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Jeff Garrett: The Case for “Key Date” Coins

The Case for Key Date Coins. Image: CoinWeek.
The Case for Key Date Coins. Image: CoinWeek.

When deciding which rare coins to collect, don’t automatically write off “Key Date” issues of coins, but you’ll need a plan

 

By Jeff Garrett for NGC (Numismatic Guaranty Corporation) ……
Jeff GarrettChoosing which coin series to collect is one of the first challenges facing those new to the hobby. There are dozens to choose from, and if you include world and ancient coins, the options become nearly endless. Untold numbers of new collectors have started over the years by filling coin boards and albums. Perhaps one of these started you on your numismatic journey. Mine began with a simple Whitman folder of Lincoln Cents from 1941 to date. This was around 1970.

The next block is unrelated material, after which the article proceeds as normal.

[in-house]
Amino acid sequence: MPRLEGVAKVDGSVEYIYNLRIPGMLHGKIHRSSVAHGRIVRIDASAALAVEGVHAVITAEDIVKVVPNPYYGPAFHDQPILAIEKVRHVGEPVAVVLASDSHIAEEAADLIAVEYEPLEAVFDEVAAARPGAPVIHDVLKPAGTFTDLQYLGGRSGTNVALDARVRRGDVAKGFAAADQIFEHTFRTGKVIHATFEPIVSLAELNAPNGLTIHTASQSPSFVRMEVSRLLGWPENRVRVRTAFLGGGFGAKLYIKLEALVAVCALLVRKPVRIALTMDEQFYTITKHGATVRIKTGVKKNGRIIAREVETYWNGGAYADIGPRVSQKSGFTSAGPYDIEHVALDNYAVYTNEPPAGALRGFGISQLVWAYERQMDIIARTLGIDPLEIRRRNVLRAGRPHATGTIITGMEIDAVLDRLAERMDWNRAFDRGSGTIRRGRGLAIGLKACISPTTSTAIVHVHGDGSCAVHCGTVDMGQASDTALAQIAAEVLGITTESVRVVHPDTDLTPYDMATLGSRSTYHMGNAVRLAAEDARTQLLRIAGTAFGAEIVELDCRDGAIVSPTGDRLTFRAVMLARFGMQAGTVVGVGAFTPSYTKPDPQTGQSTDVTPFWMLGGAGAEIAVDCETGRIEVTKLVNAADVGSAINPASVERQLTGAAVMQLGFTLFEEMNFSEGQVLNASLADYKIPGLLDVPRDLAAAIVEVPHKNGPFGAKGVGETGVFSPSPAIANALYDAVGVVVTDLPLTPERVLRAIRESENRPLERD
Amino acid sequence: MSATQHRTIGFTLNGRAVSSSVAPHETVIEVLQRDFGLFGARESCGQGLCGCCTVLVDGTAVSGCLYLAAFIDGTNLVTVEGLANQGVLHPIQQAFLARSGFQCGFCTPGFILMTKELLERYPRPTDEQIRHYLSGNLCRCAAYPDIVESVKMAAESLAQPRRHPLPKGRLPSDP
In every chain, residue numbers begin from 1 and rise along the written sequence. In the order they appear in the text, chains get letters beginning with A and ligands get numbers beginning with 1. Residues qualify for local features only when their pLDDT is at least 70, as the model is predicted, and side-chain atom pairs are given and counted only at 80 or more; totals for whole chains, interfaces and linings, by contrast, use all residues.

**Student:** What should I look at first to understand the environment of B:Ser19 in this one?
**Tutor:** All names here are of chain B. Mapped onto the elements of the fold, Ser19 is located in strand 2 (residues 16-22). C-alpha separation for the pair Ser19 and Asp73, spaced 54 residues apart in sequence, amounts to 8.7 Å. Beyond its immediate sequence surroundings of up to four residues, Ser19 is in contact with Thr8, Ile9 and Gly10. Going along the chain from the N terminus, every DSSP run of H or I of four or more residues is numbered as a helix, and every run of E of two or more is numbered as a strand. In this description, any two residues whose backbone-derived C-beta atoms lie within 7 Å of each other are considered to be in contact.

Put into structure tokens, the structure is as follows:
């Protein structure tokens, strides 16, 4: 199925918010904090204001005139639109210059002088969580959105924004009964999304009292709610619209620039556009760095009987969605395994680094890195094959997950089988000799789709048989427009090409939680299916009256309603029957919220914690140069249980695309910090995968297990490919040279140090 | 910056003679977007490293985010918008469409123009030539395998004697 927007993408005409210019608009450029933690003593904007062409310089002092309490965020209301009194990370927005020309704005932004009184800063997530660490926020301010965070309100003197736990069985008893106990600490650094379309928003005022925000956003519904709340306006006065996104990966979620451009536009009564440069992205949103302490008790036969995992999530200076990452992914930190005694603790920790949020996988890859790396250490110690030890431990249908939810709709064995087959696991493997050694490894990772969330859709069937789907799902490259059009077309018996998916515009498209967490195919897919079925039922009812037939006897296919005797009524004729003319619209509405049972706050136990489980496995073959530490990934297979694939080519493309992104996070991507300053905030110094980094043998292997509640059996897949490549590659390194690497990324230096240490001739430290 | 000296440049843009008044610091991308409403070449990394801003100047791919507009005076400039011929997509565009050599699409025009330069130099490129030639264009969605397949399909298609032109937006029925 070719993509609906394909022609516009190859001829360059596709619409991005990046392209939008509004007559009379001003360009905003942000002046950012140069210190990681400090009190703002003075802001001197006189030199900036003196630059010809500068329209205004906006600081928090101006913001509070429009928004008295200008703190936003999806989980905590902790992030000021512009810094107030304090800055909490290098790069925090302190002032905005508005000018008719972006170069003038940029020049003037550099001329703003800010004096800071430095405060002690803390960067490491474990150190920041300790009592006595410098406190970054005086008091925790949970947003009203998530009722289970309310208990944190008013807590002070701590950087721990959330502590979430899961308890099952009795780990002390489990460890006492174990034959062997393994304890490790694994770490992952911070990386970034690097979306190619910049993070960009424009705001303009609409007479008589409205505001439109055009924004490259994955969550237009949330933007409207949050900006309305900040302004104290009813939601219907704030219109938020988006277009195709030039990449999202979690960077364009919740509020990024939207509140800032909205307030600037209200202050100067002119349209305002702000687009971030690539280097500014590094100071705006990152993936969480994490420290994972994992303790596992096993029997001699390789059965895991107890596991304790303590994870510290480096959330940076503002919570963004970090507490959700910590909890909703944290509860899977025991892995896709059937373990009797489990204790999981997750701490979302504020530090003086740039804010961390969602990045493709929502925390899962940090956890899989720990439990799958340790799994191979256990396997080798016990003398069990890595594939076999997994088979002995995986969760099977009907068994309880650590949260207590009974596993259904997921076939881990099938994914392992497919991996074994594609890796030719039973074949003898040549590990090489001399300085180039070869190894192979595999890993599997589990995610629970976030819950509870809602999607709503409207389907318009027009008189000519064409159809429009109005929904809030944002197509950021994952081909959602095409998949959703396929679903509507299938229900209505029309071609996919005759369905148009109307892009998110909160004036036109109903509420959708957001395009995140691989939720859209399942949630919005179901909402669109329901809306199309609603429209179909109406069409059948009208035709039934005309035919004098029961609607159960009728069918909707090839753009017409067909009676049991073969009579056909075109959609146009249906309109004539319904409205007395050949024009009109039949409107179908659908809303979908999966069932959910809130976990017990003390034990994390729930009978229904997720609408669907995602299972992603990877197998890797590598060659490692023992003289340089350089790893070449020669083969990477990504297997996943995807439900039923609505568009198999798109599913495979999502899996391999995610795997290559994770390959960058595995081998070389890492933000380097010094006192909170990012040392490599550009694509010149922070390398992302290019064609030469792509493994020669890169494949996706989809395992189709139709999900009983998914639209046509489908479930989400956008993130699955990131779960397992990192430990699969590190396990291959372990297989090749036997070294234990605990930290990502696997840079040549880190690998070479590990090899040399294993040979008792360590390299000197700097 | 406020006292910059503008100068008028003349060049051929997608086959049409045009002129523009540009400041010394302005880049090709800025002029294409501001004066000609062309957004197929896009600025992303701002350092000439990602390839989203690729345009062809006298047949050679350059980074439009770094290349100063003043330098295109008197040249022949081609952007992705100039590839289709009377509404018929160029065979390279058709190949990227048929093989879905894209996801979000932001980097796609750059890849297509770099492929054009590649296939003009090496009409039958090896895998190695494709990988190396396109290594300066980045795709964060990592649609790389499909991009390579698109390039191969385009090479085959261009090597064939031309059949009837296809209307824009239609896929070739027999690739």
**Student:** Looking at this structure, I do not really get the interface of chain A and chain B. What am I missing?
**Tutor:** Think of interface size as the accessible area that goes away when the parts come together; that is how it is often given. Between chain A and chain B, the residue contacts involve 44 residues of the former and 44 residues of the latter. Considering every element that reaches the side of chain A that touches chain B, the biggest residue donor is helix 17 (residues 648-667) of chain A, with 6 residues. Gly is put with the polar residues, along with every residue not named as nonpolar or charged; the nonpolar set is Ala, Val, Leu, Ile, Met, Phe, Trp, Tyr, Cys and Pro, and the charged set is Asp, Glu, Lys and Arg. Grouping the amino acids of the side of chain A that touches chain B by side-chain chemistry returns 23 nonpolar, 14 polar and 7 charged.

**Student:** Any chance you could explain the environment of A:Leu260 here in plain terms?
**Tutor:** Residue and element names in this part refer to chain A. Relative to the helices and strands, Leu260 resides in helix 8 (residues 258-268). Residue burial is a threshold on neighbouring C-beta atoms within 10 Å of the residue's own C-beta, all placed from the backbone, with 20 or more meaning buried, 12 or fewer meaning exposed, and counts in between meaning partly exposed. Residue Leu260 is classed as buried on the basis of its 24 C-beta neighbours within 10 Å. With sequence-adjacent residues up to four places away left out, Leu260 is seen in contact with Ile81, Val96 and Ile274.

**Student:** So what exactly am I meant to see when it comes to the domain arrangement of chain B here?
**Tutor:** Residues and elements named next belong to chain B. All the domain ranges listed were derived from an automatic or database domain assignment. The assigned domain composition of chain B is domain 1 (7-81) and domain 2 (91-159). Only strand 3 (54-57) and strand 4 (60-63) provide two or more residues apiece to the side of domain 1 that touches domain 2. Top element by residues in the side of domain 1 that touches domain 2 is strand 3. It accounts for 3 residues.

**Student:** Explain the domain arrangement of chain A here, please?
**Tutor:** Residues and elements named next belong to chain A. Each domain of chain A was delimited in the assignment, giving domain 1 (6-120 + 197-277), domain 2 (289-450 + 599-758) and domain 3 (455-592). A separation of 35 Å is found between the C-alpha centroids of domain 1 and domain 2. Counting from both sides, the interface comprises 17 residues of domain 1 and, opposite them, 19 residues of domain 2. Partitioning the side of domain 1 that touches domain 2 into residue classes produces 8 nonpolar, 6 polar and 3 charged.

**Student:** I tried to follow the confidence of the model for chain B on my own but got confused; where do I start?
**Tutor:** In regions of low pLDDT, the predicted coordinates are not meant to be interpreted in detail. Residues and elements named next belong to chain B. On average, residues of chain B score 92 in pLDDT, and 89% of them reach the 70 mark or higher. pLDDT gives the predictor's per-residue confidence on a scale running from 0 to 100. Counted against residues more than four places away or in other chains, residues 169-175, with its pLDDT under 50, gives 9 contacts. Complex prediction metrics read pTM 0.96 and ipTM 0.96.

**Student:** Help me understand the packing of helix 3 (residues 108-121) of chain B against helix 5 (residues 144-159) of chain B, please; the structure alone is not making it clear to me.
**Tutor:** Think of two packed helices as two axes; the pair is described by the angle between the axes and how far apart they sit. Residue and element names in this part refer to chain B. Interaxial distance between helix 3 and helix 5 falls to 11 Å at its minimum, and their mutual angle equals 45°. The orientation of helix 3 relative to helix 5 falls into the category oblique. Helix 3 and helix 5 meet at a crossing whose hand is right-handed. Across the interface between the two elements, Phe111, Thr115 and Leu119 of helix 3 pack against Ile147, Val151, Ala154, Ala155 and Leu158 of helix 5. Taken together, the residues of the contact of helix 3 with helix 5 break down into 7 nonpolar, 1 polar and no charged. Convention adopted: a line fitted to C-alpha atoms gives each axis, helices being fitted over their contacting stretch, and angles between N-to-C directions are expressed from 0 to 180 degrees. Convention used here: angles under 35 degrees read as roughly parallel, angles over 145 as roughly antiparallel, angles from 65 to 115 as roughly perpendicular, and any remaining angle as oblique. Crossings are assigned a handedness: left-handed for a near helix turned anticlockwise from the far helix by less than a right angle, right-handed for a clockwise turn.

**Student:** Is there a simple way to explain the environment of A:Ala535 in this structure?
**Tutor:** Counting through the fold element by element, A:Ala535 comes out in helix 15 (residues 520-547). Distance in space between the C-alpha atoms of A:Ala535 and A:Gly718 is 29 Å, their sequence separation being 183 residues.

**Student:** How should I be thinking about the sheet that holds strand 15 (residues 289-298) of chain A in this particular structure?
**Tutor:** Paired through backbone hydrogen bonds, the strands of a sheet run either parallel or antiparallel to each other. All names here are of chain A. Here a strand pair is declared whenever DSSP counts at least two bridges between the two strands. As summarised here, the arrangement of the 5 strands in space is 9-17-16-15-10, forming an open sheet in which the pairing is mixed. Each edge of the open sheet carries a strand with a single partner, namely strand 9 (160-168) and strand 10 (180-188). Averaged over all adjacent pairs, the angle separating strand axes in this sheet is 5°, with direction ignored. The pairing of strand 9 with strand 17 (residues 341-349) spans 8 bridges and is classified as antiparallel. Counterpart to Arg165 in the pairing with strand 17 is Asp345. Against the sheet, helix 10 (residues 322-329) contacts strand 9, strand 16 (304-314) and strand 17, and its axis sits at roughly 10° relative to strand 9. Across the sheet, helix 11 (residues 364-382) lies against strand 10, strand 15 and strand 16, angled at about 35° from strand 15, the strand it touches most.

Today, new collectors are inspired by the mass market sales of American Silver Eagles and other modern coins. The vast sums spent marketing these coins to those who might be interested in collecting is a huge driver for growing the hobby. Like those who started with a Whitman folder, modern coin buyers often turn their attention to more advanced numismatic pursuits. This is where it gets tricky for new collectors.

For many, the natural progression is to move to earlier series of what they now collect. Some will decide to collect a complete set of Lincoln cents 1909 to date. Many of the Silver Eagle buyers will turn to Morgan and Peace dollars dated 1878-1935. Regardless of what they collect, they will then need to decide which grade range of coins to pursue. This is usually a function of budget. Buying the best grades you can afford is age-old advice that has withstood the test of time.